Tell us about Happy Locals
Dimitri Hegemann: Happy Locals is for small cities, between 5,000 and 20,000 inhabitants, where there’s likely a small creative scene. I try to find places for these people, like an abandoned petrol station or an old, defunct supermarket, for example. I then propose these spaces to the local authorities, informing them of their specific potential. The Academy Of Subcultural Understanding [another project by Dimitri] is similar. It shares knowledge about a social sphere that is often misunderstood by political administrations. When I come to smaller towns, it’s very rare that I meet authorities who think positively about club culture. They mainly associate it with drugs, which is sad because it has so much more to offer. My role is to convince them. Normally, cities offer young people a plain room with a table tennis setup. I don’t believe that’s what the youth want. They want unfinished spaces that can be filled with their own imaginations. When you’re 18, they can send you to war, they allow you to marry, you can get a bank loan, but you’re not trusted to, say, refresh an old army barracks, to realise your creative potential and dreams. This is the rural reality and I want to challenge it.
Do you think it’s good to institutionalise subculture? Cities like Amsterdam have a Night Mayor, but the subculture of the city isn’t that vibrant.
Dimitri Hegemann: I think it’s a good start. But the Night Mayor system isn’t fully developed, I don’t think they go out to find the key people, they just administer. So that’s what the Academy Of Subcultural Understanding tries to do: find the key people, the so-called prime movers. Each enterprise – a club, bar or restaurant – is very seldom run by a collective, it’s usually by one or two people, the prime movers. The Academy Of Subcultural Understanding locates them and offers its own knowledge about subculture and its needs. How does subculture work? Wherever you are, how can you build a home for it? We help find answers to these questions.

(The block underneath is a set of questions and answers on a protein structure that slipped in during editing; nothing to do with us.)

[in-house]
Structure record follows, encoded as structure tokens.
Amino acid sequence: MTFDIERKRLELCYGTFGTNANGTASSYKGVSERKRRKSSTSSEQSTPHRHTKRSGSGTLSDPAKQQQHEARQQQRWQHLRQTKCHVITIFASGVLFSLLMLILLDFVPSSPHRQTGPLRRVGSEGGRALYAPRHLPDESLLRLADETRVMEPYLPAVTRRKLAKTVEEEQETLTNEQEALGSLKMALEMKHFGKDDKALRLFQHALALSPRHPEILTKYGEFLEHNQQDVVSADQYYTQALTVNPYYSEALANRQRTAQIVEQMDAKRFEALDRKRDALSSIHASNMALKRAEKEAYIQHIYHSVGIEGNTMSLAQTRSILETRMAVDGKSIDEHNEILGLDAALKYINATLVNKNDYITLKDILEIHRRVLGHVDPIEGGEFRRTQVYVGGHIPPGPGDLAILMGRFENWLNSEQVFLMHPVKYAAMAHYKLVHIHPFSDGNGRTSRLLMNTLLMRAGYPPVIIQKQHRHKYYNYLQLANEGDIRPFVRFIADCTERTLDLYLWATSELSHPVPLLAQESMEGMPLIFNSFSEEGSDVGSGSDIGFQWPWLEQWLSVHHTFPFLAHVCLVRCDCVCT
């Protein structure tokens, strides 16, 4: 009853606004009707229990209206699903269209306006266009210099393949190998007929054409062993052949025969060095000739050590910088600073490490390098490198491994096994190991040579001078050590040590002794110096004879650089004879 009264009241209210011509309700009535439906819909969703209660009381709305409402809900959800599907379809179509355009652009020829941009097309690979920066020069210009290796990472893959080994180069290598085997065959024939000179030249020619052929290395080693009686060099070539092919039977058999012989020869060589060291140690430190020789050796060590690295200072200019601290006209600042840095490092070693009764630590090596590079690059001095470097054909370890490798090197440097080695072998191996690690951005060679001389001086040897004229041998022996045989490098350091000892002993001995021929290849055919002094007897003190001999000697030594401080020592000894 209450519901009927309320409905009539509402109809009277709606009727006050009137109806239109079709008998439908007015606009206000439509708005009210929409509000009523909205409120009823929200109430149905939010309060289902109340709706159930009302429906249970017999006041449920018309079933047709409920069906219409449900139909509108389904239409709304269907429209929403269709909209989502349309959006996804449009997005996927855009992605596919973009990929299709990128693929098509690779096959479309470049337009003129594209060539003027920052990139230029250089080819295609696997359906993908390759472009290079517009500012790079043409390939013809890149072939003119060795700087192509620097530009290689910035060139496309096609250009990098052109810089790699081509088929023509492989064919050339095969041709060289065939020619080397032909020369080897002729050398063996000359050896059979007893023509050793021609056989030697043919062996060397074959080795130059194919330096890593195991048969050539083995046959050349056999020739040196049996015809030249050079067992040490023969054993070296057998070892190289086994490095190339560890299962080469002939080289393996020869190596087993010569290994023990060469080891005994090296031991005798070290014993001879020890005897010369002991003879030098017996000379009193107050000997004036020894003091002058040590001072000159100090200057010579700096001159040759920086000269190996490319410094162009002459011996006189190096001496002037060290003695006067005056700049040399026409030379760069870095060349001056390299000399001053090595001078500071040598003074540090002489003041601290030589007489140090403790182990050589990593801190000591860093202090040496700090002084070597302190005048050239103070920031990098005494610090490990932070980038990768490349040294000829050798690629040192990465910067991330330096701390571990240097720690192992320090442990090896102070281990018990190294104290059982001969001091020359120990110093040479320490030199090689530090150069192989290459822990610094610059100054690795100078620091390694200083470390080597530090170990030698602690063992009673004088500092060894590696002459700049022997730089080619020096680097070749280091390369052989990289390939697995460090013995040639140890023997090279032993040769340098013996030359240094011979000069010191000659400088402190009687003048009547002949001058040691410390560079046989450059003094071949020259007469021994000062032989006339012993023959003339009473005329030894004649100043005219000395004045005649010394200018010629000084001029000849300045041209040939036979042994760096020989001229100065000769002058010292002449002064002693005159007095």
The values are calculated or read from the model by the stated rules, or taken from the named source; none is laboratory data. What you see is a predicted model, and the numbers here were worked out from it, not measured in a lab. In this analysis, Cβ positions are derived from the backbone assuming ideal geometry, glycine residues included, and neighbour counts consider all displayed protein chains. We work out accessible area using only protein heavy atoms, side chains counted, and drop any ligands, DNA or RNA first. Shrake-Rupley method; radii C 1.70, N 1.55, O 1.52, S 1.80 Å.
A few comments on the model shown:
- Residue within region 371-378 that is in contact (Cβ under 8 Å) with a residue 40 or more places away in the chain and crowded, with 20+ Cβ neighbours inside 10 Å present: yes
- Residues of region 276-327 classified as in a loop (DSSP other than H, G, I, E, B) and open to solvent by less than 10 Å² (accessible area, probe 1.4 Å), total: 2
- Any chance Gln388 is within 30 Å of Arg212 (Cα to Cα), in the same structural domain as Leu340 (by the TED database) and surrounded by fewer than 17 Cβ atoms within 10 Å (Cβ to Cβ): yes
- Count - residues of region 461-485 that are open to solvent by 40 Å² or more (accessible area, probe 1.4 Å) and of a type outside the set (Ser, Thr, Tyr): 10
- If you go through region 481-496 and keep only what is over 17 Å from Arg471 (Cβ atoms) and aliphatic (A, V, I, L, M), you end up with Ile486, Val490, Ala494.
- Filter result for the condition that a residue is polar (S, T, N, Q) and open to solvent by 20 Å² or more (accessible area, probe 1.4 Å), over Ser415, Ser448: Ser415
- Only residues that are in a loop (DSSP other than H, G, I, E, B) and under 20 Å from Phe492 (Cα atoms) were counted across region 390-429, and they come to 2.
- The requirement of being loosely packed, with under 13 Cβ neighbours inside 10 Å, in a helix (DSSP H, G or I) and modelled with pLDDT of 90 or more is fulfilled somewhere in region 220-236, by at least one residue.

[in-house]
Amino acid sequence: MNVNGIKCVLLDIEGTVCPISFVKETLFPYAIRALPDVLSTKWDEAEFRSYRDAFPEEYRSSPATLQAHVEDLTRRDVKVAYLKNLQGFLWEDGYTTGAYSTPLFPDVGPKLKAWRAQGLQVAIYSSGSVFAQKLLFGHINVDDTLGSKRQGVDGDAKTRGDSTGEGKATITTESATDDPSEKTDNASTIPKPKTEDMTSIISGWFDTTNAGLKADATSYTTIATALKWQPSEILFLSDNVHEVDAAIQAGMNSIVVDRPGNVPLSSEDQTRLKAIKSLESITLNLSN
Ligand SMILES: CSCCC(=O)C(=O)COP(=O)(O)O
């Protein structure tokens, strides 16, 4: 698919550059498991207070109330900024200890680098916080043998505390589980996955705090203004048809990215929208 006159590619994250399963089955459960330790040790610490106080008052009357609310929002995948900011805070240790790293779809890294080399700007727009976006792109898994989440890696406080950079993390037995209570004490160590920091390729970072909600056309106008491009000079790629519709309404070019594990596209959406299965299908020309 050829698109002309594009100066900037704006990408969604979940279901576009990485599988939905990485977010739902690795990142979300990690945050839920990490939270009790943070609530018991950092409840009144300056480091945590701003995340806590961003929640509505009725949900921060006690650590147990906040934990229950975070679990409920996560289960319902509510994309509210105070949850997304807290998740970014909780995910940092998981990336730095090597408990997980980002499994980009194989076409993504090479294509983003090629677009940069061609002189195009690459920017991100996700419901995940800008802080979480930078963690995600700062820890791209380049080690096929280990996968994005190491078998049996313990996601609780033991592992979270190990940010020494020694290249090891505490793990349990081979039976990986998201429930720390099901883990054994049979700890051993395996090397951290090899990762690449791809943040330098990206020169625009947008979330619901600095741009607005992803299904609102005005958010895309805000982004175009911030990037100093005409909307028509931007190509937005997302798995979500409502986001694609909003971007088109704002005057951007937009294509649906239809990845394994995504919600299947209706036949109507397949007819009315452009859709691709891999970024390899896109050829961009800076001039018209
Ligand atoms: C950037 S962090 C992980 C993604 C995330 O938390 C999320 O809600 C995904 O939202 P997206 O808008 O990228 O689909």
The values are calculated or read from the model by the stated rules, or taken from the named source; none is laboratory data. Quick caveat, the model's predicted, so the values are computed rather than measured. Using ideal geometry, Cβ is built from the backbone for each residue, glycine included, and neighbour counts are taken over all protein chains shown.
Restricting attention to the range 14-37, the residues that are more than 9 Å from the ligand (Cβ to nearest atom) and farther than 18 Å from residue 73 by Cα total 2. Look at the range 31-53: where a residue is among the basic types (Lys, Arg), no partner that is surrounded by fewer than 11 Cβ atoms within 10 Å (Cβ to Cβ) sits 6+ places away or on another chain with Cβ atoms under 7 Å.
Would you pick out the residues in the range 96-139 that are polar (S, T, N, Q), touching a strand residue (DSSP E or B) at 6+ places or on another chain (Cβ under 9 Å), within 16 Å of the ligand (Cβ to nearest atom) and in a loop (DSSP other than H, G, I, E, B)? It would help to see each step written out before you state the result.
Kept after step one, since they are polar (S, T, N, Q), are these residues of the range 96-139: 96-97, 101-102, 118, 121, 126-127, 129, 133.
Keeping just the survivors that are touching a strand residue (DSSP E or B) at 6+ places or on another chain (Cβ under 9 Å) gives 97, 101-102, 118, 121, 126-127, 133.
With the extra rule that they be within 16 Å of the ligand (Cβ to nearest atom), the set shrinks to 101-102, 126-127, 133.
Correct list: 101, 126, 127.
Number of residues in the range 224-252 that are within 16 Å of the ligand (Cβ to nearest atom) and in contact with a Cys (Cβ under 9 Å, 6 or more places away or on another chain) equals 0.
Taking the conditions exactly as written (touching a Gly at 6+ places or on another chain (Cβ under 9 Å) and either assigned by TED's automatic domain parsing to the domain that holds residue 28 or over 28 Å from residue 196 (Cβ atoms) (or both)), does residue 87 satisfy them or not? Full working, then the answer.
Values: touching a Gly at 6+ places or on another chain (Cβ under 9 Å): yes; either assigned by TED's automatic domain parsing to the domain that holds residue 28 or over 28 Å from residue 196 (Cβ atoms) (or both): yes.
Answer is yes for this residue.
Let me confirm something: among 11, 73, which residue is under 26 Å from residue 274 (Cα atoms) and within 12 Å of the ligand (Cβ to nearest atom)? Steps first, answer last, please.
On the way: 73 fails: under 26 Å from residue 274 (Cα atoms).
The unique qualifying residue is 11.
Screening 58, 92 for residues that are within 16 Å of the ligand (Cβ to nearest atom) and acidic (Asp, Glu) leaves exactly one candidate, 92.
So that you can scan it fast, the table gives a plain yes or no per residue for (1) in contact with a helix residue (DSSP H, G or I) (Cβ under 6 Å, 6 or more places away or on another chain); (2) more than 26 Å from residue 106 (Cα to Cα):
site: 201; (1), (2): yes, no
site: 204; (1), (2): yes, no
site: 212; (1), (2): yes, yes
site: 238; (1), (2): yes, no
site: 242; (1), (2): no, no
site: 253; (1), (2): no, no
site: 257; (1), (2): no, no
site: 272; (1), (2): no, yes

Do you think that some rural cities maybe just don’t have enough people that want to create such spaces?
Dimitri Hegemann: I believe there are always enough people for a small, cozy location. Everywhere. My aims are to encourage and coach these people so that they stay where they are but make their surroundings more colorful. I don’t think it’s healthy when the young intelligentsia move to bigger cities. And today, with the internet, you can be connected from everywhere. The British author Charles Landry says that today, the competition among cities is how to make creative people stay. Creative people not only expect a nice apartment, schools, restaurants, galleries, clubs, live venues, or theaters, they also expect people like themselves. They want to meet their people. All of this can bloom in cities with a curated nightlife. I deeply believe that.
Your work extends beyond Germany. You tried to launch a club in Detroit, and you also helped open Waajeed’s Underground Music Academy – the community hub that aims to foster a new generation of electronic artists in Detroit.
Dimitri Hegemann: Yes, we bought the house in which the Underground Music Academy is located. We deeply respect Underground Resistance [UR] and want to help preserve their foundations. We bought the house ten years ago and now it’s slowly growing thanks to the careful, altruistic work of Mike Banks and his folks. For Mike, UR, Waajeed, and their community, it’s the greatest hope for Detroit. For them, 2990 E Grand Blvd. will be a first in the music industry, and change the climate of colonisation of Black music by a predominantly white industry. Detroit is a different reality, it’s not so easy to realise things over there. I was also very close to opening a club in the old Packard plant in the city. A developer bought it and I traveled to Peru to negotiate with him. We had made plans and I worked on it for two years, but in the end, it was sold. I was very disappointed. The club would have added something special, something energising to the electronic music culture of Detroit.
Do you ever think about retirement?
Dimitri Hegemann: I am working on a plan for a country retirement home with friends where we can spend our final days, something like an old château [laughs]. I always love what I do. I love to be in touch with the foundation of my work, to be with the community and continue to create for future generations. And I am not alone. After Berlin became the techno capital of Europe, the industry followed: companies like Ableton and Native Instruments, whose founders have been integral to the city’s electronic music culture. Or a record store like Hard Wax, which has been pivotal in the development of techno. In my opinion, this can happen everywhere if the conditions are perfect.